Gun homicides vary among states with strict gun laws
A Bay Area News Group analysis of recent gun death data from 2015-2019 shows there’s a strong correlation between strict state gun laws and lower overall firearm fatality rates. But nearly two-thirds of those deaths were suicides, and only about a third were homicides.
Looking just at homicides, there’s a wide range of gun death rates among states with weak as well as strict gun laws. A similar picture emerges when looking just at mass shootings in recent years.
Firearm Death Rates
The annual firearm death rate in the United States, from 2015 through 2019, was 11.9 per 100,000 residents. Of those deaths 4.3 were homicides, and 7.2 were suicides. You can see how each state ranks by sorting by all firearm deaths, or by firearm homicides. The Giffords Law Center rating for each states’ gun laws is included for reference.
To gun-rights advocates, it affirms their argument that gun laws aren’t effective and even counterproductive.
“Gun control doesn’t save lives and doesn’t stop firearm-related crimes,” said Aidan Johnston, director of federal affairs for Gun Owners of America, based in Virginia. “Gun control disarms law-abiding citizens who might otherwise equip themselves with the tools to fight back against criminals and mass murderers.”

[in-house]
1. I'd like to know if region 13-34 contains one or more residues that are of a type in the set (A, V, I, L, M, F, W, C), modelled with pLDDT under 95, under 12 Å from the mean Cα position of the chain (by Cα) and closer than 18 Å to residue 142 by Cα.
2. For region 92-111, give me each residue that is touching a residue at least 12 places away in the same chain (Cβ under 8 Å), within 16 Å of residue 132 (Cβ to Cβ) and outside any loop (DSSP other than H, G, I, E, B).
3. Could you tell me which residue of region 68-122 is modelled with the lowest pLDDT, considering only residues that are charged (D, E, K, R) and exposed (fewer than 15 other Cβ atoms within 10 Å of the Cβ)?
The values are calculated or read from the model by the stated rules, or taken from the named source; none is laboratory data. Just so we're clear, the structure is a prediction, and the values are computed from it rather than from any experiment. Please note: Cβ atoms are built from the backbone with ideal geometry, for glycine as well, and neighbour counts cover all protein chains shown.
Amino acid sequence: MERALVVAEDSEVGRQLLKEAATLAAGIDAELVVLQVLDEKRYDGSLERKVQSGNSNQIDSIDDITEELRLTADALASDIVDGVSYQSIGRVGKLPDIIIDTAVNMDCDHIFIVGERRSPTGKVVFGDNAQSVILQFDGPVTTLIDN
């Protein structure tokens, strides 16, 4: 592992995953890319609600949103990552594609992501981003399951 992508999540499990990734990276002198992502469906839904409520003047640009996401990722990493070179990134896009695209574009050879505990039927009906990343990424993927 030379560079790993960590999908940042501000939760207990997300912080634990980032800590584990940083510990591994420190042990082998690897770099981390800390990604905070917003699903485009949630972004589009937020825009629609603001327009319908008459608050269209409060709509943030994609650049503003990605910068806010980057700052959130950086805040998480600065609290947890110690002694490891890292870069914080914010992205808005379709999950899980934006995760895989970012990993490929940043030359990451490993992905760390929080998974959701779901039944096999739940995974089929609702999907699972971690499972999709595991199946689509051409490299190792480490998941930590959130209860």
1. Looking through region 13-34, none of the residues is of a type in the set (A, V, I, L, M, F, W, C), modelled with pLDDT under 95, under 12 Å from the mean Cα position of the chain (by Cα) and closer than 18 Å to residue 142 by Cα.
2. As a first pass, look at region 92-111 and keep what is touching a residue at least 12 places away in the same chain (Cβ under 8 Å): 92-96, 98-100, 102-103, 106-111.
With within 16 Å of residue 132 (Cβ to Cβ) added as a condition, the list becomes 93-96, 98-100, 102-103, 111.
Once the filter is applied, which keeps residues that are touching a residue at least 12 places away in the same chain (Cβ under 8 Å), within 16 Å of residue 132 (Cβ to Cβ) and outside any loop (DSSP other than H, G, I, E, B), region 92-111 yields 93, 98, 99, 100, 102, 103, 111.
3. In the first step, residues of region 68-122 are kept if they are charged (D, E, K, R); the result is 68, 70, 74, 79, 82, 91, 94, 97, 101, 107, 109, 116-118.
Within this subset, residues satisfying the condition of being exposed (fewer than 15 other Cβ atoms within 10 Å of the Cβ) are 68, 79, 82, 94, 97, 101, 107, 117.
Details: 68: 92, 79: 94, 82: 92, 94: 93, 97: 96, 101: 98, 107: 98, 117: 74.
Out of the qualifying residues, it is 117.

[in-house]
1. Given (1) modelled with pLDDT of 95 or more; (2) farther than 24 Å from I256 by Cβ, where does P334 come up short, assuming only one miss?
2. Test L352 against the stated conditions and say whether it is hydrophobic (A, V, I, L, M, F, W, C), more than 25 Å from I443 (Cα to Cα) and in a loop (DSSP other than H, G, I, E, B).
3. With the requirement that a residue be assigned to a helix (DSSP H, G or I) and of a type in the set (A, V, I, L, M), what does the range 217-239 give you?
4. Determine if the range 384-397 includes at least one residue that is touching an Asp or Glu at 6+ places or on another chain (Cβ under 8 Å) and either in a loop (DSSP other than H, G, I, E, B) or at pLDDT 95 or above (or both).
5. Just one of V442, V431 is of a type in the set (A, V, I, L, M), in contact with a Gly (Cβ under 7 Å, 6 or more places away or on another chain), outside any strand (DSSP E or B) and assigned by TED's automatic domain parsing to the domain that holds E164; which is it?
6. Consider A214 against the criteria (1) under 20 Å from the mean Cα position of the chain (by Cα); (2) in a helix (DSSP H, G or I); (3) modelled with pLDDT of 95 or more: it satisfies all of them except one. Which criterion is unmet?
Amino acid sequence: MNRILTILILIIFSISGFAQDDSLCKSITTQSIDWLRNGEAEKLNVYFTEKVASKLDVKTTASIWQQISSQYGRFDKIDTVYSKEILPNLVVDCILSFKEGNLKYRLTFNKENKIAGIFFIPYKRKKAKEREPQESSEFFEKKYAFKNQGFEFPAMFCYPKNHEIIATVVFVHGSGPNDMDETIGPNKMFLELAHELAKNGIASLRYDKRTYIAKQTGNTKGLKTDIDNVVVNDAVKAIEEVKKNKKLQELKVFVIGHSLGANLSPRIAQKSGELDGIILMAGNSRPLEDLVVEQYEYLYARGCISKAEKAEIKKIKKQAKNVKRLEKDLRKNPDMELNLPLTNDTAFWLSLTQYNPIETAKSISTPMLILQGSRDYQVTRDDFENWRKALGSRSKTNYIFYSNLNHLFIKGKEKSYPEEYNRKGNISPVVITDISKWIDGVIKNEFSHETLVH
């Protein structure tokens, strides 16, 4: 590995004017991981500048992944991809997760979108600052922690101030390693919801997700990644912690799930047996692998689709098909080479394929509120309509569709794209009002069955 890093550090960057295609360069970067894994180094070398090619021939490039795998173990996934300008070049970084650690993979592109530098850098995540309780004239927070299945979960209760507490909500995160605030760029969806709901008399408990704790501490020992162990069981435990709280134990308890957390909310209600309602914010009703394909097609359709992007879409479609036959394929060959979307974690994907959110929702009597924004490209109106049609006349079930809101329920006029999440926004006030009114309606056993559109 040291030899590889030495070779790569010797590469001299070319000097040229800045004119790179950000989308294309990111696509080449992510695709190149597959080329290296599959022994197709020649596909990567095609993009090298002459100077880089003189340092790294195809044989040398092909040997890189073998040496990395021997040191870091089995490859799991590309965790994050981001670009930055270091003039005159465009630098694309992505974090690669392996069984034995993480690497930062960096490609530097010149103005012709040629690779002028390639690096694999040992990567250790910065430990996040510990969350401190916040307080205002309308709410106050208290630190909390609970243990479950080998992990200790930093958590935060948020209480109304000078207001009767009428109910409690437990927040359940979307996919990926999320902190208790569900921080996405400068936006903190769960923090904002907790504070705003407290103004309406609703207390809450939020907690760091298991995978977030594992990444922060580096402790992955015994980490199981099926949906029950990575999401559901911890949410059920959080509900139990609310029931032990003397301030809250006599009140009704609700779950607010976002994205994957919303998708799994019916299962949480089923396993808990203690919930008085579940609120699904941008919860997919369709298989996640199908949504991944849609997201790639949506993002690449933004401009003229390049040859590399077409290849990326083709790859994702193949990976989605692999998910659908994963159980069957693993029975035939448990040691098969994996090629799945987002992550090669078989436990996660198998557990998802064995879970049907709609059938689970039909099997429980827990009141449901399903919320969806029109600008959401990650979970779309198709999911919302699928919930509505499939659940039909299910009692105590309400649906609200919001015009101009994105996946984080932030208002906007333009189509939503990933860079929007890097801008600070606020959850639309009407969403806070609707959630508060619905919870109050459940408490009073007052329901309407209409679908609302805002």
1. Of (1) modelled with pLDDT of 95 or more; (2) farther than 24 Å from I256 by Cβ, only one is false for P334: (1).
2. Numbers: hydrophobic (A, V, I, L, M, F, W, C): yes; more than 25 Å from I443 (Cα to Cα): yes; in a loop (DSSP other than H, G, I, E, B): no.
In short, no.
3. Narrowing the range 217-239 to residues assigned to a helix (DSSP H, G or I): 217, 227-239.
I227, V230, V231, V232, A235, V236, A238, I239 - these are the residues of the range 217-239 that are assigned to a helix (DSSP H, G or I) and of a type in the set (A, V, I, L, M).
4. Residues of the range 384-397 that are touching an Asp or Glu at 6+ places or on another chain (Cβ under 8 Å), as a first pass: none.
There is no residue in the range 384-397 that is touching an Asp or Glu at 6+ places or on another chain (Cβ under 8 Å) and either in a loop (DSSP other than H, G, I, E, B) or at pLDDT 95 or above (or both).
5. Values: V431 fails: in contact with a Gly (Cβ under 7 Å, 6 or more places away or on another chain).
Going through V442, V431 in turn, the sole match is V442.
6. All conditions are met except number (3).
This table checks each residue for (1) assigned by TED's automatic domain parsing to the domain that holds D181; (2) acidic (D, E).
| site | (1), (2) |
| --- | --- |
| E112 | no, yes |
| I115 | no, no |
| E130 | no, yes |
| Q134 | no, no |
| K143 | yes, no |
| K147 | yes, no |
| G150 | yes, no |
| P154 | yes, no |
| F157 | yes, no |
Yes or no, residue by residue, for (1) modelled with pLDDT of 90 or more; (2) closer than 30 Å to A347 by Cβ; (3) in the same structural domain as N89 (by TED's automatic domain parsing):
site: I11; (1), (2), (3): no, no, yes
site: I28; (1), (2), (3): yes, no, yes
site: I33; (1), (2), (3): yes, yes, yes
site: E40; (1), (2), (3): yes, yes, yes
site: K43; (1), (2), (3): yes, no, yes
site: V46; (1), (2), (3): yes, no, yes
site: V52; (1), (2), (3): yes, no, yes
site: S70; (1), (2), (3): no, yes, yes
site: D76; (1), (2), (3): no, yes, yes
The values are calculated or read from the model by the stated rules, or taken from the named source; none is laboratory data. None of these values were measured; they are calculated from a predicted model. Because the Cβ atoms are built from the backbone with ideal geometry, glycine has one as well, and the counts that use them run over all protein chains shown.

To those seeking stricter and more uniform gun legislation nationally, the figures affirm that stricter gun laws work, even if some states that have them still see higher homicide and mass shooting rates.
“We know we have more work to do, but among the 50 states, California has the seventh-lowest rate of gun deaths in the U.S., so I think there’s a lot of evidence that California gun laws are working and saving lives,” said Kelly Drane, research
But gun-rights advocates have their own arguments. Johnston says focusing solely on firearm fatalities and homicides ignores the other side of the equation — people who use a gun to defend themselves — something that’s not nearly as well documented.